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The Monkey's Business

Tales from my efforts to improve my poker game.
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/Jan/2013

A Little Introduction

By: CanuckMonkey @ 17:07 (EST) / 720 / Comment ( 3 )

So, who am I?

I started playing poker in 2003.  I was three years out of university, living in a house that I had just purchased, and having plenty of disposable cash available.  PokerStars was the first online poker site I tried, based on the recommendations of some friends.  According to my records (which I kept in detail right from the start) my first deposit was late at night on Halloween, for $50.

Some of the details are a little hazy now, but I know that I spent a lot of time chasing deposit bonuses.  I branched out rapidly, trying out different poker sites and earning the maximum bonuses at every one of them; I figured that if I was going to play poker anyway, I might as well get as much free money out of it as I could.  My records show transactions and playing history for seven different online poker sites, and while I remember having favorites, I also remember playing all of them for significant amounts of time.

I took my game pretty seriously; I bought and read several books, with Lee Jones' Winning Low-Limit Hold 'em having the biggest influence on my early playing style.  I spent a surprising amount of time studying bankroll management, and made sure to carefully follow the advice of having 300 big bets in my bankroll before playing fixed-limit cash games.  Even with this rule in place, I also worked my way up gradually; I would make large deposits to take advantage of some of the great bonuses that were available from various poker sites, but didn't play the cash games that my large bankroll would allow until I had proven to myself that I could consistently beat the lower limit games.  I'd have to do some digging now to confirm it, but I think I made myself play a minimum number of table-hours at each limit and waited to achieve a target big-bet-per-hour rate of profit before I allowed myself to move on to higher stakes.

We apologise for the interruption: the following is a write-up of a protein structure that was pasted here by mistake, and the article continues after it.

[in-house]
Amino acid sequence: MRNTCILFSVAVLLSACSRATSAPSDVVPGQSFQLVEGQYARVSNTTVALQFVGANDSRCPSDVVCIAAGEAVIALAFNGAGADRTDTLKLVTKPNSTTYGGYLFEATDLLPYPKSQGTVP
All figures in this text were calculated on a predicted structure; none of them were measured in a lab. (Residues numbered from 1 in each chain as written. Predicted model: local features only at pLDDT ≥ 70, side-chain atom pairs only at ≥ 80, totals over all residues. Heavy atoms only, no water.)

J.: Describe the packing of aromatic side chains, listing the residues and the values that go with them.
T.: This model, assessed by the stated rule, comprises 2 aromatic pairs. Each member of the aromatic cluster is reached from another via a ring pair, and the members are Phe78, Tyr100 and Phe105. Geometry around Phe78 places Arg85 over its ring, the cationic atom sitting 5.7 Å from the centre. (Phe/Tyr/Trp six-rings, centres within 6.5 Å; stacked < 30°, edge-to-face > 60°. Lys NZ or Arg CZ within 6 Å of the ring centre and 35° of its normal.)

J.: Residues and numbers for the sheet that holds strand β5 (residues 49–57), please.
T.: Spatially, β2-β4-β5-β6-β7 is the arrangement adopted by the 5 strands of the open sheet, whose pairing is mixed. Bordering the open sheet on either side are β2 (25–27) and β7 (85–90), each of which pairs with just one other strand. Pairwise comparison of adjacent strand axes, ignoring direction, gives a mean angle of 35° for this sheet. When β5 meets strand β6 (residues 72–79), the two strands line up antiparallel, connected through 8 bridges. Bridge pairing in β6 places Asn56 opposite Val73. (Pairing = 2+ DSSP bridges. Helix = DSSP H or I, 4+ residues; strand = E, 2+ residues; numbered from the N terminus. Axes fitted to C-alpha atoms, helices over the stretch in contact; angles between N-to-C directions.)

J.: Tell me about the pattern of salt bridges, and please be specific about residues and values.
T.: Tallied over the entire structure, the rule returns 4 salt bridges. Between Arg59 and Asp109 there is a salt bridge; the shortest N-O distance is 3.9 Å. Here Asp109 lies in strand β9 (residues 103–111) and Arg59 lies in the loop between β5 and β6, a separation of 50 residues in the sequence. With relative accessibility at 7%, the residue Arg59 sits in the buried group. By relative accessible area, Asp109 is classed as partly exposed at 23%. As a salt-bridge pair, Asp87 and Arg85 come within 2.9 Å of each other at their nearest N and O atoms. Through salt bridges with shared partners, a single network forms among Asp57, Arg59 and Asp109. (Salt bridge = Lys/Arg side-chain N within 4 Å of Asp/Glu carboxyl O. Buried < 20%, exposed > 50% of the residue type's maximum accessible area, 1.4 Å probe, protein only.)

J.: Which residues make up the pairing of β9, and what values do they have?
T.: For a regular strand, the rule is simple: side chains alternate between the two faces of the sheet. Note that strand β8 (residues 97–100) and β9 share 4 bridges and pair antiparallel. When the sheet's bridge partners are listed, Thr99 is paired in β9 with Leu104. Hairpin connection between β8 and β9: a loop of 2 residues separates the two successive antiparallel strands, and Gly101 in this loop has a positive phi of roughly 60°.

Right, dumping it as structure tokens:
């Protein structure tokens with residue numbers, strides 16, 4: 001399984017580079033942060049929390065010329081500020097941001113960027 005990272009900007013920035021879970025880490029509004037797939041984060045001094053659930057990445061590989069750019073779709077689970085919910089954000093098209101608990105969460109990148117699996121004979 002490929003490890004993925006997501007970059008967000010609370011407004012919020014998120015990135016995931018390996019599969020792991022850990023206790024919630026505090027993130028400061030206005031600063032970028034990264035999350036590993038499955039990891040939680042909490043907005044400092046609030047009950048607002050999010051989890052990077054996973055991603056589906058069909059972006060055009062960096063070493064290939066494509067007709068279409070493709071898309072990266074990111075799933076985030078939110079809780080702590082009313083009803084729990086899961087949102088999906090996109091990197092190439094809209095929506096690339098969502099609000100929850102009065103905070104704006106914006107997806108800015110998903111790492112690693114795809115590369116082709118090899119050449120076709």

I played fixed-limit Texas Hold'em cash games almost exclusively.  I tried out a few Sit & Go games, and played as many freerolls as I could get into, but quickly learned that I didn't have the right mindset (or maybe the right training) to play no-limit Hold'em.  I even went out of my way to play the rarer "Halley's Hold'em" freerolls, which were fixed-limit tournaments.  (They've been renamed to "Hawking's Hold'em" now, which I noted with interest when I came back.  It’s cool; Edmond Halley was awesome, but Stephen Hawking has pretty thoroughly eclipsed him.)  I also tried some Omaha and 7-Card Stud but went gained no traction with either of them.

Tracking all my data was helpful; I learned that I was a winning player at cash games, but a net loser on SNGs and tournaments.  As I worked my way up in stakes, my winning rate at cash games dropped, and by the end of my time playing poker, I was actually a net loser at cash games as well; all of my net gains had been from bonuses paid by the various poker rooms.  Not that this was a bad thing; when I stopped playing in 2007, I pulled out over $1600 net (over and above my initial seed deposits).